Molting

Four years ago, a man I loved broke my heart. We met as freshmen hallmates at my undergraduate college, his room at the end of the dorm and mine more toward the middle. We grew into close friends after a few intimate conversations and decided to room together our sophomore year. In the early spring semester of my sophomore year, he told me he did not want our friendship anymore, that he would never care about me as much as I cared about him. He said that I cared too much about him. He said I expected too much.

Now, I understand he took advantage of me throughout the friendship. I remember one of our conversations early freshman year, while walking down Colonial Williamsburg at night fall, the air crisp and fireflies illuminating our path. At one point he told me that he felt impressed by me because I cared so much about people, because he himself struggles to actually care about people. At the time, I found this inspiring: wow, he struggles to care about people and wants to learn how, that’s so deep and self-aware. So, over the next year and a half, I tried to teach him. He would fail and I would feel hurt. I took on the role of his therapist instead of asserting more healthful boundaries. He saw before I did that he would never meet my expectations, so he ended our friendship.

“He literally told me from the start that he doesn’t care about people, which is like, the reddest red flag that’s ever been red,” I told my therapist the other day. “I was so freaking stupid for having ever trusted him, for caring about him.”

My therapist said all the right things: that it wasn’t my fault because I didn’t know as much about abuse then, that I’m so much more empowered and self-aware now. Yet I struggled to believe her. I felt, and sometimes still feel, that I was the stupidest person ever for putting myself in that awful friendship. I should have known that he would only end up hurting me. I was so blind, so consumed by my desire to fix him and my lowkey attraction to him to realize that I deserved better. I should have known better. I should have known.

I texted my close friend A today that April 2019 will go down as the month from hell. In this month, I have received a fellowship rejection, two manuscript rejections, a teaching award rejection, and a rejection from guy who I honestly should’ve never been into in the first place, old habits die hard lol ugh. Last Friday night, after receiving three rejections over the course of three days, I journaled in my apartment while reflecting on the mentors who have meant the most to me, the mentors whose deep compassion and care I strive to emulate. I came across a video of one of the mentors I feel closest to giving a commencement day speech. She said:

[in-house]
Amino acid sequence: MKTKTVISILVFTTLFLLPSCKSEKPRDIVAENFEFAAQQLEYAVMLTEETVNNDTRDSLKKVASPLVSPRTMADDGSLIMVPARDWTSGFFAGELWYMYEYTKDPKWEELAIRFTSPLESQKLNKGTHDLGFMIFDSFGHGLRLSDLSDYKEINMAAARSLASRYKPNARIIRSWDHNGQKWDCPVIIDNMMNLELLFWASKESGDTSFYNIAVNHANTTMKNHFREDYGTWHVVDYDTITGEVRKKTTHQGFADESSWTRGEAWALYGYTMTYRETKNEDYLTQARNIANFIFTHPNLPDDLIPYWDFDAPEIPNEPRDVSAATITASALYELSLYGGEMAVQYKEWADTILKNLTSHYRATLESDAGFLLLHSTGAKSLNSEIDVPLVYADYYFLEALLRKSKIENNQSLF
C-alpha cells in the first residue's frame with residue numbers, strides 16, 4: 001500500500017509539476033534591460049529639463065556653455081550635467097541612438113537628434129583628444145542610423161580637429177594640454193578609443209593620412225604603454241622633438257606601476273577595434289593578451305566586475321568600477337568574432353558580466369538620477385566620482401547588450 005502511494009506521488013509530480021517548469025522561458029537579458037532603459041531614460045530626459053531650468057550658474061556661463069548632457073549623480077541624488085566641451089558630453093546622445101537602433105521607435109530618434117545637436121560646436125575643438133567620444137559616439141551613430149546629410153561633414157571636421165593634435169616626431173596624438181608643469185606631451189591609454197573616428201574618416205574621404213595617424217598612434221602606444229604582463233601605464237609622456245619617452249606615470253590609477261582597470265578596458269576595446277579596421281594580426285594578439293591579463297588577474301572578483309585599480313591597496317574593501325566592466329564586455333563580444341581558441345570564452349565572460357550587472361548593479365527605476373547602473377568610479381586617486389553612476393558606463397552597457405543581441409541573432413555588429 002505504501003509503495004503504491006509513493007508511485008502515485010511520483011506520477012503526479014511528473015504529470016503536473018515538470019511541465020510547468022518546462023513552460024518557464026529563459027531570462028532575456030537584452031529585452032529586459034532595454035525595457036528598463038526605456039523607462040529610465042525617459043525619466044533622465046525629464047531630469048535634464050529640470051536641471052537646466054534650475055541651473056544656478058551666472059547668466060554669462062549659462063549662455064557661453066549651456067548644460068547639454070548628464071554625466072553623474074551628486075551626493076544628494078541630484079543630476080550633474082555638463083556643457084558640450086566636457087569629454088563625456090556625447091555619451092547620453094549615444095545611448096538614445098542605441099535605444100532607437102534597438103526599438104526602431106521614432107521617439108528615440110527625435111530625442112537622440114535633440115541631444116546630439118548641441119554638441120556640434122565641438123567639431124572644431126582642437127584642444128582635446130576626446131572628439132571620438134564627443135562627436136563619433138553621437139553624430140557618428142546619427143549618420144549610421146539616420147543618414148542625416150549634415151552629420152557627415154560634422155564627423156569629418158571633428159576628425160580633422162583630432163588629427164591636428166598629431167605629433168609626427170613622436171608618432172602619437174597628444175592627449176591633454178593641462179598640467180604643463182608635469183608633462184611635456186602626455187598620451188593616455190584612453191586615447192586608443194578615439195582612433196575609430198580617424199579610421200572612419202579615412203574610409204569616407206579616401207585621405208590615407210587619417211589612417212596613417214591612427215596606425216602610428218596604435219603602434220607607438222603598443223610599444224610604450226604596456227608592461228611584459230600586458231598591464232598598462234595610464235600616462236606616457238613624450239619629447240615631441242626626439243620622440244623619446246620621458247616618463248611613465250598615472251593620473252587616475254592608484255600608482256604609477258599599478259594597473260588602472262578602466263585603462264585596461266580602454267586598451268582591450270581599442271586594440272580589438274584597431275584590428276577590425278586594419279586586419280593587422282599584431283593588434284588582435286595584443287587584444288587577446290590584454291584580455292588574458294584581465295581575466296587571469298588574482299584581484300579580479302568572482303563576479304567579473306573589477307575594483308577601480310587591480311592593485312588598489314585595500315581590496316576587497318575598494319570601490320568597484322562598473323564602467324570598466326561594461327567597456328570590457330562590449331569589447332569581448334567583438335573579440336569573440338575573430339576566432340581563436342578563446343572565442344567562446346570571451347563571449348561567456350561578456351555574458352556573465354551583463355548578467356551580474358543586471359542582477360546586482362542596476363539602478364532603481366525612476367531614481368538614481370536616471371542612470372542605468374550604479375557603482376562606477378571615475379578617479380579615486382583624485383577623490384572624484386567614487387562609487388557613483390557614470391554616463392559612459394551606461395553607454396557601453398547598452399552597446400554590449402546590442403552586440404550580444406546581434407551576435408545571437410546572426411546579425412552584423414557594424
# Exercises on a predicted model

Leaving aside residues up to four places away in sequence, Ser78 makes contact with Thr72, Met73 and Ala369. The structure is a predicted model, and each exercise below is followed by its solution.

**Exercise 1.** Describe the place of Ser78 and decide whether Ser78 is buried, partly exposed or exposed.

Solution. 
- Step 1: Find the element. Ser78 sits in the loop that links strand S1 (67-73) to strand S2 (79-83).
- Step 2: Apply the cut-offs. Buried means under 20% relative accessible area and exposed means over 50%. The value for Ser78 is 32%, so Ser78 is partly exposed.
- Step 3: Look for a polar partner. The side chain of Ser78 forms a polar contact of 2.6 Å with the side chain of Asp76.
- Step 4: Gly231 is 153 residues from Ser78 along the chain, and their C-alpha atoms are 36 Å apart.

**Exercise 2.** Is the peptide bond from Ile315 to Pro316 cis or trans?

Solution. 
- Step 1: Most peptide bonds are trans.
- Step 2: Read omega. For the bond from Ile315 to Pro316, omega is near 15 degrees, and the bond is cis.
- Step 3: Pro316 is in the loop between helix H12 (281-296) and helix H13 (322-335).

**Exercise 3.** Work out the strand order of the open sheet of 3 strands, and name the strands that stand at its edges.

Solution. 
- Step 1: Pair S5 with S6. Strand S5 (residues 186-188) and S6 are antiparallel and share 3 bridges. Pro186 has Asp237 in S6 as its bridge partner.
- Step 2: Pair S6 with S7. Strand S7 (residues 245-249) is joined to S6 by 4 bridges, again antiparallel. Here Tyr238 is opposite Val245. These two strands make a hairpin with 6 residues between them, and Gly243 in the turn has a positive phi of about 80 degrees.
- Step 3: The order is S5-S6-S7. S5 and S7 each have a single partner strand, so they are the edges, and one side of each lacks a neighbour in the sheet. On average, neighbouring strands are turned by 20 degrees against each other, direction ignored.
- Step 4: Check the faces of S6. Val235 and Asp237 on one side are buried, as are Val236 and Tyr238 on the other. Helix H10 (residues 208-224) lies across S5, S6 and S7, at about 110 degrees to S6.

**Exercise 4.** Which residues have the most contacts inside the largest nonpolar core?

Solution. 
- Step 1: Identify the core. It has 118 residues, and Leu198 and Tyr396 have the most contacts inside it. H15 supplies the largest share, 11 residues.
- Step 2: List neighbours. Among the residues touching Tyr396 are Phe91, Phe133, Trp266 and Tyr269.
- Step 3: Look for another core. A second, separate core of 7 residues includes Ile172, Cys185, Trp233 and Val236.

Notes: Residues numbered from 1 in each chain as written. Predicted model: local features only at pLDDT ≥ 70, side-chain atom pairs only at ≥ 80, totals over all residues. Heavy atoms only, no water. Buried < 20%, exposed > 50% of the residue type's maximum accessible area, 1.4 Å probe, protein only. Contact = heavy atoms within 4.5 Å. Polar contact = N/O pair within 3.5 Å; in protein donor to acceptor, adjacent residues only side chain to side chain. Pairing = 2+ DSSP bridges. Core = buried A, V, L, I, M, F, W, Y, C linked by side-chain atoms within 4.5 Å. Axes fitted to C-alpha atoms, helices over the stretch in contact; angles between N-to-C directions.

“When working on the documentary about the Gloucester Virginia watermen, I learned that a Chesapeake Bay blue crab molts as many 20 times before reaching maturity. As learners and educators, we also go through molting. Growing and shedding old ways of thinking, working through feelings of discomfort and resistance.” – Sharon Zuber

I started to cry when I heard my mentor say that. The insight, while perhaps not that radical or that innovative, struck me deep. In hearing one of my closest mentors – someone I care about so much and someone who cares about me so much – talk about molting, I felt a shift in my heart. What if I followed in her footsteps, in her own self-compassion, her recognition that we can grow and change over time? What would that look like?